Thursday, January 13, 2011

Build a Character By Using an Outline

     I have trouble creating new, unique characters.  So far, the little niblets of characters that I use in my writing exercises are either extensions of my own personality or they were inspired by people I know.  I know that real life is a source of inspiration for new and experienced writers alike.  For instance, it's rumored that the Evil Boss-Lady in "The Devil Wears Prada" is inspired by the head of Vogue magazine.  However, I want to develop a character that is wholly the product of my imagination.  I also want her to feel real enough to "cast a shadow."*  But I don't know how to get there--I don't know how to move a character from flat to fully dimensional.  I have since discovered the "character outline."  This is a great tool to brainstorm information about my characters.  It consists of a very long list of questions.  Everything from their physical characteristics (Does she have a crooked pinky toe?) to their personality (Does he organize his socks by their fabric content?) to their favorite memory. 

     At first the length of the list looks intimidating and it feels like I am working harder rather than smarter.  In end, however, I am always glad that I have completed it because I know my character much better and he is realistic when I write him.  The character outline also becomes my reference as my character and her story develops.  I know that  she doesn't like birds because one took a dump on her head when she was ten years old.   It's also easier to maintain consistency because she's already written down.   I remember that her lisp comes out when she sings.   Making consistent changes becomes easier as well.  What  if she needs to be 55 instead of 32-- does that still mean she has young children? 

     The following character outline is from the Gotham Writer's Workshop (GWW).  It is free to the public; you can see this questionnaire and one other by clicking here.  Kitty Felone also has a great character outline on her site, DeviantArt.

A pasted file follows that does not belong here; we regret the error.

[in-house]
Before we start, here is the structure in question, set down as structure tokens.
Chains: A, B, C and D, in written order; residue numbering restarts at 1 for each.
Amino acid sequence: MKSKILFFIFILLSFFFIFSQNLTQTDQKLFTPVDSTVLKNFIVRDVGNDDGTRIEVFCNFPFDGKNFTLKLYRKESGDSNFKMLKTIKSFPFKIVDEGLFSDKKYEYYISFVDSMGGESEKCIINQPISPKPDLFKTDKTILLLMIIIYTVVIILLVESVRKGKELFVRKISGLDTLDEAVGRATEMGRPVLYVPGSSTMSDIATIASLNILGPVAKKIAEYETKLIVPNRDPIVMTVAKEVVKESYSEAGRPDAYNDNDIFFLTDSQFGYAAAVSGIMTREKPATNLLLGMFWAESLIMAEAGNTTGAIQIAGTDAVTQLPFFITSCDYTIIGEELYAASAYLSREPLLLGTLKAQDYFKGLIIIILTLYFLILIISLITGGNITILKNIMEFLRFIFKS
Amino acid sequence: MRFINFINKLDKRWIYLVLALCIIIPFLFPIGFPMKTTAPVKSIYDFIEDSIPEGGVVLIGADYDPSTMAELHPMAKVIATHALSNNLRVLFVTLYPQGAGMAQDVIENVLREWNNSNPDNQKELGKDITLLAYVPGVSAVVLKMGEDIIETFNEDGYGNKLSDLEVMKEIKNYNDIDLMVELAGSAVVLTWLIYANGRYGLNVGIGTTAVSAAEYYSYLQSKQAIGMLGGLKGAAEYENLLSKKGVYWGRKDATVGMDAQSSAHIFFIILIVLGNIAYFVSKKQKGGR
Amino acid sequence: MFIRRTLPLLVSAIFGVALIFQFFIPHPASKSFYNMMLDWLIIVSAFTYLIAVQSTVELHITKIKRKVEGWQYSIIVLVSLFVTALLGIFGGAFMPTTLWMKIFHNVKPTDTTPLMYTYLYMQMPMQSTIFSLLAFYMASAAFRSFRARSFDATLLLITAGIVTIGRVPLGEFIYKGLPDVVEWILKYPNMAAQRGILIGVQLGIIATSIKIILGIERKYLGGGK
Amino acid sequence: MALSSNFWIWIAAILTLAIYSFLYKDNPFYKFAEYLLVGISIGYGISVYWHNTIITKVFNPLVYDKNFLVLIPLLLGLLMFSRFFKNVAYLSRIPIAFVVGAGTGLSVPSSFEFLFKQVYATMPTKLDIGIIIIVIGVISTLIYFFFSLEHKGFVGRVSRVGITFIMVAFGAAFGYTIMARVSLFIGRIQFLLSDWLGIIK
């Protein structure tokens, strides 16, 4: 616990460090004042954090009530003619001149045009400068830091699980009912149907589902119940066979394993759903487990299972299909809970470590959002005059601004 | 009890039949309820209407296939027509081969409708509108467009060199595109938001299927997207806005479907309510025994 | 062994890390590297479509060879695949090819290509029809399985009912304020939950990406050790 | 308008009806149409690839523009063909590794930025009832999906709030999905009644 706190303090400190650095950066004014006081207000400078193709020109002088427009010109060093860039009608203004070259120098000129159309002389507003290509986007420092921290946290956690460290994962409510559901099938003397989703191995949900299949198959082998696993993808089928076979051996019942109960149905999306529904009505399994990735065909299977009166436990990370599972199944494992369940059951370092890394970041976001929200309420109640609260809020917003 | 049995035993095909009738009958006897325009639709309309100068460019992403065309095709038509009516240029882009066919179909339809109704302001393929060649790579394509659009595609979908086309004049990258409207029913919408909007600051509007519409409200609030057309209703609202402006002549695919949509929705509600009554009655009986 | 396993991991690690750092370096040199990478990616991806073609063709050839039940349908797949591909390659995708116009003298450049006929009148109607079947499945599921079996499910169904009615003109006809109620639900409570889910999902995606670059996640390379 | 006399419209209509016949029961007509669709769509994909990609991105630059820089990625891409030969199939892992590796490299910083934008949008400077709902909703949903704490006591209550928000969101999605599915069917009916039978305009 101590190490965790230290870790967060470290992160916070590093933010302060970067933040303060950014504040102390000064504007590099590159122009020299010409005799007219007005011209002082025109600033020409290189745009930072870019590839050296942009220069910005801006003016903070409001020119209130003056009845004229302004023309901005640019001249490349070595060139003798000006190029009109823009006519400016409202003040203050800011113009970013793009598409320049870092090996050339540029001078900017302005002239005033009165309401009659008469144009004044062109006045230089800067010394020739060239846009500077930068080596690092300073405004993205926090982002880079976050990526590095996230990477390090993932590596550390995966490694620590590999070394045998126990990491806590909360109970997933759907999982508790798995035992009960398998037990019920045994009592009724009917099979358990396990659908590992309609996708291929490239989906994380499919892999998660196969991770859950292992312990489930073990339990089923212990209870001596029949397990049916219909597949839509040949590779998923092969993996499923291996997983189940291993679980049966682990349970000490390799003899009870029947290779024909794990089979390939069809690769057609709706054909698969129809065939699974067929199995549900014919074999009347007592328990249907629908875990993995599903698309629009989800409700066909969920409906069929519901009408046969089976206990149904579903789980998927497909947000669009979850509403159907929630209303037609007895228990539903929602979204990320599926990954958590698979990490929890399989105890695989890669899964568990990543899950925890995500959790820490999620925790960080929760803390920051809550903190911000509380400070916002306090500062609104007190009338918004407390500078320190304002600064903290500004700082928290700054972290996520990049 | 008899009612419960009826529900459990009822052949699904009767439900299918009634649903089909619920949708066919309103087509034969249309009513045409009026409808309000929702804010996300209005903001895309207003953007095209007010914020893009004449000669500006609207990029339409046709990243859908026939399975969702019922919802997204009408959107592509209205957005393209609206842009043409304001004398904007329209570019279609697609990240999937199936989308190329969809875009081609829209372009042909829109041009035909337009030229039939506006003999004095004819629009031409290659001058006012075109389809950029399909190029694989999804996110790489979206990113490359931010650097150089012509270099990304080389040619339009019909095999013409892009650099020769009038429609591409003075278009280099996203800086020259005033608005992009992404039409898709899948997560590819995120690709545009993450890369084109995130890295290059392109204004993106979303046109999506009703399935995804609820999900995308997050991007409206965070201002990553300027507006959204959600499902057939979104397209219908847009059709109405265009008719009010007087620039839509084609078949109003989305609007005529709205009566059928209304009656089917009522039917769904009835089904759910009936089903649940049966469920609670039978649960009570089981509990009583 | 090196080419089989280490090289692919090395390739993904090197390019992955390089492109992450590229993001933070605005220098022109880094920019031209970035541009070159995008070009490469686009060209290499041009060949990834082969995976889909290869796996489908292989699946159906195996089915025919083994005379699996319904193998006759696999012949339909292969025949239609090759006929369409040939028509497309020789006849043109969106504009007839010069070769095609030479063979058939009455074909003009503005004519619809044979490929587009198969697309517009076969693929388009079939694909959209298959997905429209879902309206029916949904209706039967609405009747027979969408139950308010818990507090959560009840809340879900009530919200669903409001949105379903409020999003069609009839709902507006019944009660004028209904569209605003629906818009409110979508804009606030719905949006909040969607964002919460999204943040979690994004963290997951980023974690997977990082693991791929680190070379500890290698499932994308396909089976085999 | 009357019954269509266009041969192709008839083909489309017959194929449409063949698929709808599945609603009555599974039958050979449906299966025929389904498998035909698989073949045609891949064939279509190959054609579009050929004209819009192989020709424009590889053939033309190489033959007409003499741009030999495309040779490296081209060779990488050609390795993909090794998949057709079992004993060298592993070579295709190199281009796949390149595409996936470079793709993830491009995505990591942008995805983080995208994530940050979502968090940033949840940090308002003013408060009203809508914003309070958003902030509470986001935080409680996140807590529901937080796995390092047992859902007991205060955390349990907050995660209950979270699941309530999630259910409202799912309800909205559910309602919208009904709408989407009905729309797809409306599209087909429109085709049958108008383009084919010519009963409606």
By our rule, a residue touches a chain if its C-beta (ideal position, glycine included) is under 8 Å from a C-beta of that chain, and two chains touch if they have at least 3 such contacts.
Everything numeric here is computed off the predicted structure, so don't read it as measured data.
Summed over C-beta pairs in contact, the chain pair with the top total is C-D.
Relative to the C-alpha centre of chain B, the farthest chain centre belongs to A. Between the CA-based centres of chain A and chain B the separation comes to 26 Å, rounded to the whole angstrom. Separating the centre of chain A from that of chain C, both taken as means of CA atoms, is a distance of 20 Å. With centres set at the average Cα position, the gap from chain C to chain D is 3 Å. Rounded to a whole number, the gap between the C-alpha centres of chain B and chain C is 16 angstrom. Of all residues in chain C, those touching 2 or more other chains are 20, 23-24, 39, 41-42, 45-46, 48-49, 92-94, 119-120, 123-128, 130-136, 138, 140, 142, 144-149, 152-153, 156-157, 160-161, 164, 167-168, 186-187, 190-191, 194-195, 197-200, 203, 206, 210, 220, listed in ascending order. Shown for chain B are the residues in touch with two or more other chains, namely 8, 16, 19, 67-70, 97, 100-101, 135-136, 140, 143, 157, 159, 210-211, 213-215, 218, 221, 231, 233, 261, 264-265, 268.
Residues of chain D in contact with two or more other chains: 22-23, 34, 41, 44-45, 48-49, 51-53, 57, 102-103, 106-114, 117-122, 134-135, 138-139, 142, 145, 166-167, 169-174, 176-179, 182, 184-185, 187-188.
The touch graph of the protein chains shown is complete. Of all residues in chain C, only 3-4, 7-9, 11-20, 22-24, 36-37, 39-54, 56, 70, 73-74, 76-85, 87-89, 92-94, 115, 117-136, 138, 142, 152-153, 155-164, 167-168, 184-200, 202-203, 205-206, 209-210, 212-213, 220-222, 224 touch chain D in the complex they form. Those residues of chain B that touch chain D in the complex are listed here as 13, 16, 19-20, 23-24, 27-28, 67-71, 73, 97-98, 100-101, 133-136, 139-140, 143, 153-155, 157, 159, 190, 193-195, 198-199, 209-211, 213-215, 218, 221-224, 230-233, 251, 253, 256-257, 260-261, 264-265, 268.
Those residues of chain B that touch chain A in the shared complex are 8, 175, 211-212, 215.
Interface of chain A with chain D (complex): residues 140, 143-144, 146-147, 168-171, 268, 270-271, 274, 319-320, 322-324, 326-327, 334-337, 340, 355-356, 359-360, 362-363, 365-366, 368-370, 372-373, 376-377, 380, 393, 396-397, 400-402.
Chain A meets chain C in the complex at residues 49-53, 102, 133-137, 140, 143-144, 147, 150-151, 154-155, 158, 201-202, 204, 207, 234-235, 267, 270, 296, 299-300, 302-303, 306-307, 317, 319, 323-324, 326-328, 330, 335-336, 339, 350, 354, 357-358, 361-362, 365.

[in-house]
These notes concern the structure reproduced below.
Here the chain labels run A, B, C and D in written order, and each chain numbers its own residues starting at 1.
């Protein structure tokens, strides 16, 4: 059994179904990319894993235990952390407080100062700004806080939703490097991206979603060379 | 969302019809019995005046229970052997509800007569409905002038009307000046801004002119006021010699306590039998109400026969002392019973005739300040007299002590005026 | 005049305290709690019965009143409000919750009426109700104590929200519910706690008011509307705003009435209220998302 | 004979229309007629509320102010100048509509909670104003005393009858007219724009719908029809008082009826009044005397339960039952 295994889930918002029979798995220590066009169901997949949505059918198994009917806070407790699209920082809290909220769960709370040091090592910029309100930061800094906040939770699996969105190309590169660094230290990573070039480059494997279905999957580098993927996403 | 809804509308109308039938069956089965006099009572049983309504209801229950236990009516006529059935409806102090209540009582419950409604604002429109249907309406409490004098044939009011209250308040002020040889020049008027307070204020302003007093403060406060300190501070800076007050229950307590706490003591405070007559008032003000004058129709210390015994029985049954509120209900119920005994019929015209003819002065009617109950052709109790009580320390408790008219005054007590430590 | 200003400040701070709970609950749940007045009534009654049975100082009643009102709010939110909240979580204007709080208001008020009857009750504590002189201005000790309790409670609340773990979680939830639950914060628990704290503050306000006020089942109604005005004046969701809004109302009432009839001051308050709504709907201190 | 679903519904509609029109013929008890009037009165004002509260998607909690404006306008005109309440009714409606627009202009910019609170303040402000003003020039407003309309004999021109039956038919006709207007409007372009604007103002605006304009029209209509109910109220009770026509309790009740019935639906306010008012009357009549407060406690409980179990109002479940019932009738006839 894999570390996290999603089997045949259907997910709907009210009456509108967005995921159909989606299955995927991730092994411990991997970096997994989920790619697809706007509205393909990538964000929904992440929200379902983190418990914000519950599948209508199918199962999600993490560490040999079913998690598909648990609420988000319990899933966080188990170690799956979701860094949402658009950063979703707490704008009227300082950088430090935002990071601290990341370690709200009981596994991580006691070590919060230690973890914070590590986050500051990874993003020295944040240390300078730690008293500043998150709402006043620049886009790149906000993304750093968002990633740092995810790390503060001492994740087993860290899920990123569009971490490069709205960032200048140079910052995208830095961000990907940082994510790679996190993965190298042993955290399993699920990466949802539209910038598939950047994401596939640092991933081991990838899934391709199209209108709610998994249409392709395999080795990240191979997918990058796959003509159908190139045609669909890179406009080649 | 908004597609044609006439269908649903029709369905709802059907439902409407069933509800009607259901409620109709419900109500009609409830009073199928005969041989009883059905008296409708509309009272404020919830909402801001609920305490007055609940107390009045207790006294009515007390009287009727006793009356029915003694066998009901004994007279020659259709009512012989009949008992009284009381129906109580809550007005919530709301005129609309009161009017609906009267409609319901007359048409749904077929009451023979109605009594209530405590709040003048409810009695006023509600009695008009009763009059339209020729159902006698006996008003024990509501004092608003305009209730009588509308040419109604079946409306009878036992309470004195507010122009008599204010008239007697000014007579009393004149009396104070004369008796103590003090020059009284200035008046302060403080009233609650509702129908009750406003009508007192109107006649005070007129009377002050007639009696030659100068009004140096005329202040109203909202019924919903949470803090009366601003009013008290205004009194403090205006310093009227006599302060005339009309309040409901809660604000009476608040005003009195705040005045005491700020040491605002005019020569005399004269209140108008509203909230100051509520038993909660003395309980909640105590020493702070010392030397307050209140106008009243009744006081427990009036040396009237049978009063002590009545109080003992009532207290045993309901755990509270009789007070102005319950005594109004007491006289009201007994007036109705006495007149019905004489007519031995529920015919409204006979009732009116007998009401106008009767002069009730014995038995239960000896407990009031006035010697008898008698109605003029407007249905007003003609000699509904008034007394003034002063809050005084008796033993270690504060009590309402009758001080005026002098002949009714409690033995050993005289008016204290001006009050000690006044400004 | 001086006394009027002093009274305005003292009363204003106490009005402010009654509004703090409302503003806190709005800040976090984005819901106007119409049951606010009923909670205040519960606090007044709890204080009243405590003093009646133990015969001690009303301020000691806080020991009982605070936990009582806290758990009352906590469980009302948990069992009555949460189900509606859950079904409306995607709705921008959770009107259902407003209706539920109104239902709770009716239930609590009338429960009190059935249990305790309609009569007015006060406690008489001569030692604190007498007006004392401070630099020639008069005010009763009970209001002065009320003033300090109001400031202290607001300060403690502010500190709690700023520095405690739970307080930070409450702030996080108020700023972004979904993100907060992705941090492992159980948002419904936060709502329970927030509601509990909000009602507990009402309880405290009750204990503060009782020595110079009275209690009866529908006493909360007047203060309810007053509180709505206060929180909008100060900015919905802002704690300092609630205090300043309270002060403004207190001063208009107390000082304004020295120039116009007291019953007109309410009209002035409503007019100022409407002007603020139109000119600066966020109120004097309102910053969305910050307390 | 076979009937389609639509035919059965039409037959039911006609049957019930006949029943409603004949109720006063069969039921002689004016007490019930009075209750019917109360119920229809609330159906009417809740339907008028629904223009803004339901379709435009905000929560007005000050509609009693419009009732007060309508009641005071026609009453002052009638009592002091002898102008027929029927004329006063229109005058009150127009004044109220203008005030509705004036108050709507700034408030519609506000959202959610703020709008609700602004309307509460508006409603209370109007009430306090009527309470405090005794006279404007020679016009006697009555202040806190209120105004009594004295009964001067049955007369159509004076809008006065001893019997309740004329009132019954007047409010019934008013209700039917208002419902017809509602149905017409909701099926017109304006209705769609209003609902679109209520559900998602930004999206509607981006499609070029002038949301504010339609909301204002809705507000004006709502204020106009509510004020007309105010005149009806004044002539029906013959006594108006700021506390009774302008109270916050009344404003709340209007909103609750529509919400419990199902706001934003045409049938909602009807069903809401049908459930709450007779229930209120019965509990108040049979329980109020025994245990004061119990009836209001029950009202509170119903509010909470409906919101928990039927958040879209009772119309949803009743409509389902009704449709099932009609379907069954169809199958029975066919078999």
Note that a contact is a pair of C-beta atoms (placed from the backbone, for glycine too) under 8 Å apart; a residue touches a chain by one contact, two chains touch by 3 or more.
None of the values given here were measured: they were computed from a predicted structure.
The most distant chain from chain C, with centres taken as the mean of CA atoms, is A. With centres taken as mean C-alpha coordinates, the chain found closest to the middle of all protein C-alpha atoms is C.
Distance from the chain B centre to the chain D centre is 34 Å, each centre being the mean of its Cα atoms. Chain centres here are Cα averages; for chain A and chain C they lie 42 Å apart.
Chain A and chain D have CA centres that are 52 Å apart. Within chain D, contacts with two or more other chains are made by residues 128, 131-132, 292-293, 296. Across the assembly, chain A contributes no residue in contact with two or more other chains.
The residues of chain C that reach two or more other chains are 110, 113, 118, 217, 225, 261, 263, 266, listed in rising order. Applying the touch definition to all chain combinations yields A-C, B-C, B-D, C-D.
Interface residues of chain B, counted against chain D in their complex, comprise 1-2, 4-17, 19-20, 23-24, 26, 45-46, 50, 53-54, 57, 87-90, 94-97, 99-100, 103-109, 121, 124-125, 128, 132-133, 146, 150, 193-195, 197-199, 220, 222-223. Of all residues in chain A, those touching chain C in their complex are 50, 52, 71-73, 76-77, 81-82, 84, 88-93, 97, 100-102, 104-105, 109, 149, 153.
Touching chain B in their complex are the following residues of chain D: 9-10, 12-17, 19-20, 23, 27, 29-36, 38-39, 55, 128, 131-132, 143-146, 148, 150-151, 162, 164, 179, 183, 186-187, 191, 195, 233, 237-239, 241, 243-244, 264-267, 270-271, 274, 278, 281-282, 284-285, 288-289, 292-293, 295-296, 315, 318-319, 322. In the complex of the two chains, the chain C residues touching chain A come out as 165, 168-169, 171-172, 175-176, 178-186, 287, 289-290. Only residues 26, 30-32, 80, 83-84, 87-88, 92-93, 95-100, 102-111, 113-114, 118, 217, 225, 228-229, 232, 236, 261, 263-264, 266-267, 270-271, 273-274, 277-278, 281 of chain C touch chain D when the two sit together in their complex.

1.      What is your character’s name? Does the character have a nickname? (I answer this question last, as I have a much better understanding of my character by then and I can think of a name that fits his personality.)
2.      What is your character’s hair color? Eye color?
3.      What kind of distinguishing facial features does your character have?
4.      Does your character have a birthmark? Where is it? What about scars? How did he get them?
5.      Who are your character’s friends and family? Who does she surround herself with? Who are the people your character is closest to? Who does he wish he were closest to?
6.      Where was your character born? Where has she lived since then? Where does she call home?
7.      Where does your character go when he’s angry?
8.      What is her biggest fear? Who has she told this to? Who would she never tell this to? Why?
9.      Does she have a secret?
10.  What makes your character laugh out loud?
11.  When has your character been in love? Had a broken heart?  
12.  What is in your character’s refrigerator right now? On her bedroom floor? On her nightstand? In her garbage can?
13.  Look at your character’s feet. Describe what you see there. Does he wear dress shoes, gym shoes, or none at all? Is he in socks that are ratty and full of holes? Or is he wearing a pair of blue and gold slippers knitted by his grandmother?
15.  When your character thinks of her childhood kitchen, what smell does she associate with it? Sauerkraut? Oatmeal cookies? Paint? Why is that smell so resonant for her?
16.  Your character is doing intense spring cleaning. What is easy for her to throw out? What is difficult for her to part with? Why?
17.  It’s Saturday at noon. What is your character doing? Give details. If he’s eating breakfast, what exactly does he eat? If she’s stretching out in her backyard to sun, what kind of blanket or towel does she lie on?
18.  What is one strong memory that has stuck with your character from childhood? Why is it so powerful and lasting?
19.  Your character is getting ready for a night out. Where is she going? What does she wear? Who will she be with?

 * The quote is from the book "Gotham Writers' Workshop Writing Ficton. The Practical Guide From New York's Acclaimed Creative Writing School."  Written by the Gotham Writers' Workshop faculty and edited by Alexander Steele.


  1. These questions all put the character in a modern American box. It does not leave much room for the sci fi character. The animal character, the person that has never seen a refrigerator, gone on a date or heard of spring cleaning. It does seem like a place to start but my imagination has no problems creating characters my problem is to focus on the story long enough to write and rewrite it until it is good.

  2. Hi Electric Hospital,
    You make some very good points. I hear you about focusing on the story long enough to get a first draft done and then revising it. Thank you for your comment!